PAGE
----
Discussion in 'Linguistics' started by StrangerInAStrangeLand, Sep 2, 2008.
lol yeah my bad.
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How do those flowers smell? I have no idea, I didn't realize they had olfactory senses.
How do you feel? with my hands, generally
Thanks, Fraggle. I did think it would be fun. But I'm serious also. Language & communication are important & I believe we'd communicate better if we'd more often just say what we mean & mean what we say. & See below.
Tim840, I'm well aware of the facts you presented. As for the opinions:You think PIN number & MLB baseball are pretty dumb & I think they're all absurd. In my experience, many people do not know half full & half empty are the same. I'm tired of people asking me such ridiculous questions & acting disgusted when I give a sensible answer.
Maybe you think everyone's as smart & educated as you are or you're accustomed to dealing with intelligent people but I can testify there are plenty out there who do not know or understand the things you explained.
Biscuit was a joke. But while mucking about on a farm, it would be much riskier to carry 2 baskets with 32 eggs each than 1 basket with 64 eggs.
Obviously things people say need to make sense most of the time or we'd never get anything accomplished. I draw the line at a diferent level than you.
But they're not, and that's the whole point. Surely you understand that there's more than one type of meaning. The denotations of "half full" and "half empty" may be the same, but the connotations are different.
The complete statement of the homily is not that one glass is half full and one is half empty. It is that one person perceives the glass as half full and the other person perceives the same glass as half empty. To say that a container is half empty tells us that you are already focusing on the problem you're going to have when it becomes completely empty. To say that it's half full tells us that you're focusing on what great things you can do with that generous amount of liquid that's still there.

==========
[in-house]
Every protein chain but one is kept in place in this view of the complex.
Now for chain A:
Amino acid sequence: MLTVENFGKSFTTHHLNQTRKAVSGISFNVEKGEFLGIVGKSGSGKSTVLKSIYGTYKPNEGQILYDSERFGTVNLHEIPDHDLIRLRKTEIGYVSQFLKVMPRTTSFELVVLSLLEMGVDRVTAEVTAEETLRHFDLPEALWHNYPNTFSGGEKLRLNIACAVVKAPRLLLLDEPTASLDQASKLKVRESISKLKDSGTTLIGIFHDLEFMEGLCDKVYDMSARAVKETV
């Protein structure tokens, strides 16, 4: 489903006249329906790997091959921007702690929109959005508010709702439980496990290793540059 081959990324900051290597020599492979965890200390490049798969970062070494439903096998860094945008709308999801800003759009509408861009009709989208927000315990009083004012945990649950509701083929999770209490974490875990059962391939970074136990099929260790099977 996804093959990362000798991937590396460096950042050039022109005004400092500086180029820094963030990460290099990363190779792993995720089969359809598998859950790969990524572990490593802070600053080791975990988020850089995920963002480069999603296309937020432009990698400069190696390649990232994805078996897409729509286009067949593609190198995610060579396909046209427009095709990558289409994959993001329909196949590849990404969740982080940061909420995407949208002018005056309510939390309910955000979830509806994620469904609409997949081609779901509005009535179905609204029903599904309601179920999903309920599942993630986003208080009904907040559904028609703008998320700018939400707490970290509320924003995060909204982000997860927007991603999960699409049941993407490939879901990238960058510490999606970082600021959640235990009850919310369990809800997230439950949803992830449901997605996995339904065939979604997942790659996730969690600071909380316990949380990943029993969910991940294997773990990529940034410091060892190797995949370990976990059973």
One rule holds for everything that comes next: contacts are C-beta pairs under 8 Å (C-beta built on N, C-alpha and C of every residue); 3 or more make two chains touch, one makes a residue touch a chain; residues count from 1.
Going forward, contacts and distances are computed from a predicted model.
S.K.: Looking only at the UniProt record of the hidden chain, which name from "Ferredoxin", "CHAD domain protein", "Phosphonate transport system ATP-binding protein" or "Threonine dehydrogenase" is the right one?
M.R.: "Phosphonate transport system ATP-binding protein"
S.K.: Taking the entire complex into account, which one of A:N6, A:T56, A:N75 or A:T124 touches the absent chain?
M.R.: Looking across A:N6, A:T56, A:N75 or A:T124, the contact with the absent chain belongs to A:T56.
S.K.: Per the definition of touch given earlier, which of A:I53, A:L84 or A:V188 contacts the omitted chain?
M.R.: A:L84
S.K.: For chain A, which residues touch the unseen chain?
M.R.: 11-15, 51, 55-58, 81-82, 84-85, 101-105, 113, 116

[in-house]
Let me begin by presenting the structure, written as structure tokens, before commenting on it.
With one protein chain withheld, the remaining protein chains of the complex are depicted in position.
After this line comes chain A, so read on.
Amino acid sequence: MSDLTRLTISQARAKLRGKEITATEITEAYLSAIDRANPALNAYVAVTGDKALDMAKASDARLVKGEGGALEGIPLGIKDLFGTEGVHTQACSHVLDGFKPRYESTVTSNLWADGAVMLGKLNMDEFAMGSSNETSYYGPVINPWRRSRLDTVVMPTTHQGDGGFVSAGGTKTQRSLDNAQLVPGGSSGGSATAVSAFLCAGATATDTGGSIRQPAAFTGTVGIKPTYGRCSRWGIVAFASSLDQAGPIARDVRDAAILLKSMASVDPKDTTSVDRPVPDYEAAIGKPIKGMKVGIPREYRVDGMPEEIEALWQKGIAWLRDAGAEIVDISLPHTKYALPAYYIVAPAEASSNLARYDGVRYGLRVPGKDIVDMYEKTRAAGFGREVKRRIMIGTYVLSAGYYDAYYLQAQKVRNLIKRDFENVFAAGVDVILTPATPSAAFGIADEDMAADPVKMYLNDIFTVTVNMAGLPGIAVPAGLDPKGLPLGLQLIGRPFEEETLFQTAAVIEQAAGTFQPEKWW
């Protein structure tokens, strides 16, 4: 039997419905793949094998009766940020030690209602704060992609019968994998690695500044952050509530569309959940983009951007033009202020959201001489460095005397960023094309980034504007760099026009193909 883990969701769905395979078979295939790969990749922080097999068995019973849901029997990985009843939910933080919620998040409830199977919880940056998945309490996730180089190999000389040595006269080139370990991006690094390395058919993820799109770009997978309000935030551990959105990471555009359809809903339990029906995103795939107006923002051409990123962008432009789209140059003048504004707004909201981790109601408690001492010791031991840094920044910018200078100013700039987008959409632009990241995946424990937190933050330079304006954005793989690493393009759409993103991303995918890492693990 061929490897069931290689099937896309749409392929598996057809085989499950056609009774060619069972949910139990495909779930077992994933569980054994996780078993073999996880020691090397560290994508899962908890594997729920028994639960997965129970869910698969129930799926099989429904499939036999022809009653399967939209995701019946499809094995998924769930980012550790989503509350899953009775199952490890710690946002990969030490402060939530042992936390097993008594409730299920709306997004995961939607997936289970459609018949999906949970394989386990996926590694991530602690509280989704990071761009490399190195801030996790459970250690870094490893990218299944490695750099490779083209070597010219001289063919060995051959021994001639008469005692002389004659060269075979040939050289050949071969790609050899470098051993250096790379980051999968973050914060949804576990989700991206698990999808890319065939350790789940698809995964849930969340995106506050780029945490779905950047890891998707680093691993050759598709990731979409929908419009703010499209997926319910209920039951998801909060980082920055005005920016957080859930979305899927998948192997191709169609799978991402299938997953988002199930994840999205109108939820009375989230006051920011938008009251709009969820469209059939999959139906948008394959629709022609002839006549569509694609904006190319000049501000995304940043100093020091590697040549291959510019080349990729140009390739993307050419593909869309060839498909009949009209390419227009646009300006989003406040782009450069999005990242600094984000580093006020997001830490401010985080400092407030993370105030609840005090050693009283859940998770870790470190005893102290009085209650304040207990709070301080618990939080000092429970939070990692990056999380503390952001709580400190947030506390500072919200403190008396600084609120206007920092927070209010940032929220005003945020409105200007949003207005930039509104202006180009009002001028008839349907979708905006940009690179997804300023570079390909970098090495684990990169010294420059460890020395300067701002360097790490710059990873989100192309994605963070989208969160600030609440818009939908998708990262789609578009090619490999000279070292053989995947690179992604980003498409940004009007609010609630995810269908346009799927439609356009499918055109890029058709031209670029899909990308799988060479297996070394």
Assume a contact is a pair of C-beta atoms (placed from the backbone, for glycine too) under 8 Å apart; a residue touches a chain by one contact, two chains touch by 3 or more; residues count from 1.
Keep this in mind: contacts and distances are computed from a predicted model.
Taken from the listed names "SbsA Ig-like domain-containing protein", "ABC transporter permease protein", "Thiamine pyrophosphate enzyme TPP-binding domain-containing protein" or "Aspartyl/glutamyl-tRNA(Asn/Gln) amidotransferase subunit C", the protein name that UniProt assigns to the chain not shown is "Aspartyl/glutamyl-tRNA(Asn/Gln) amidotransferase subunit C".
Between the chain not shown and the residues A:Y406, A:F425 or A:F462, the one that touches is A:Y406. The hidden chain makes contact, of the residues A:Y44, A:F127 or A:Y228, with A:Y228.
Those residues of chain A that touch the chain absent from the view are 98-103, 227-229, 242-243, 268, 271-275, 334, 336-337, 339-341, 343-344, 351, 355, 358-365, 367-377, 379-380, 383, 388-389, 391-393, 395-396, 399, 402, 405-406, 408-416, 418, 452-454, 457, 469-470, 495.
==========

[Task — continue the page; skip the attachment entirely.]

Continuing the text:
One person is going to spend fully half of his time with that glass of liquid worrying about what to do when it runs out. The other person is enjoying his drink.
And wondering who's going to buy the next round...
One world government. As opposed to a 9 world government???
Or when people say they could care less, but what they really mean is that they couldn't care less. Is it supposed to be sarcasm?
"It doesn't matter if you win or lose. It's how you play the game"
That's a bunch of bologna. You always play to win--- winning is determined by how you play the game.
Having fun while playing is a given. Games in and of themselves are forms of leisure.
"It was in the last place I looked"
Traditionally, it has been observed that this is obvious, since you would not continue to look for 'it' once 'it' was found. I don't like tradition, so now when I find something I have been looking for I continue to look in a couple of more places for 'it' before quitting. I recommend this to everyone.
No no no.
I've just quoted something similar in another thread: It's more important to take part than it is to win.
I suspect that both of these may be (peculiarly) English (okay, possibly British).
They are about the concept of sportsmanship, probably cricket at that.
It was (and only slightly to some extent still is) far, far more important to be a "good sportsman" than it was to actually win.
The result hardly counted because the game was played for the form of the thing and how you played (not how well) was a test AND show of character.
Shoot! I made a list like my OP but fell asleep before hitting Post. When I woke it was gone.
Be careful. Pizza may be hot.
OK I logged in, made another list & hit the Post button. It told me to refresh & it lost my post. WTH???
"There's no 'I' in team." But you can spell "me" if you want.
How many times must I repeat myself?
As opposed to more than one hundred national governments.
"One" stresses the hypothesis that we'd be better off with just one gigantic slow-moving tax-sucking thirty-level bureaucracy instead of dozens of smaller and slightly more responsive and efficient bureaucracies. "World" stresses the hypothesis that we'd be better off with a "one size fits all" philosophy being applied to Americans, Chinese, Nigerians and Azeris, instead of just Texans and New Yorkers.
It was originally sarcasm, said with that peculiar whiney, disgusted voice that's supposed to identify sarcastic speech. But it's lost the voice and people don't notice that they're not saying what they mean.
Why is that a nonsense expression?
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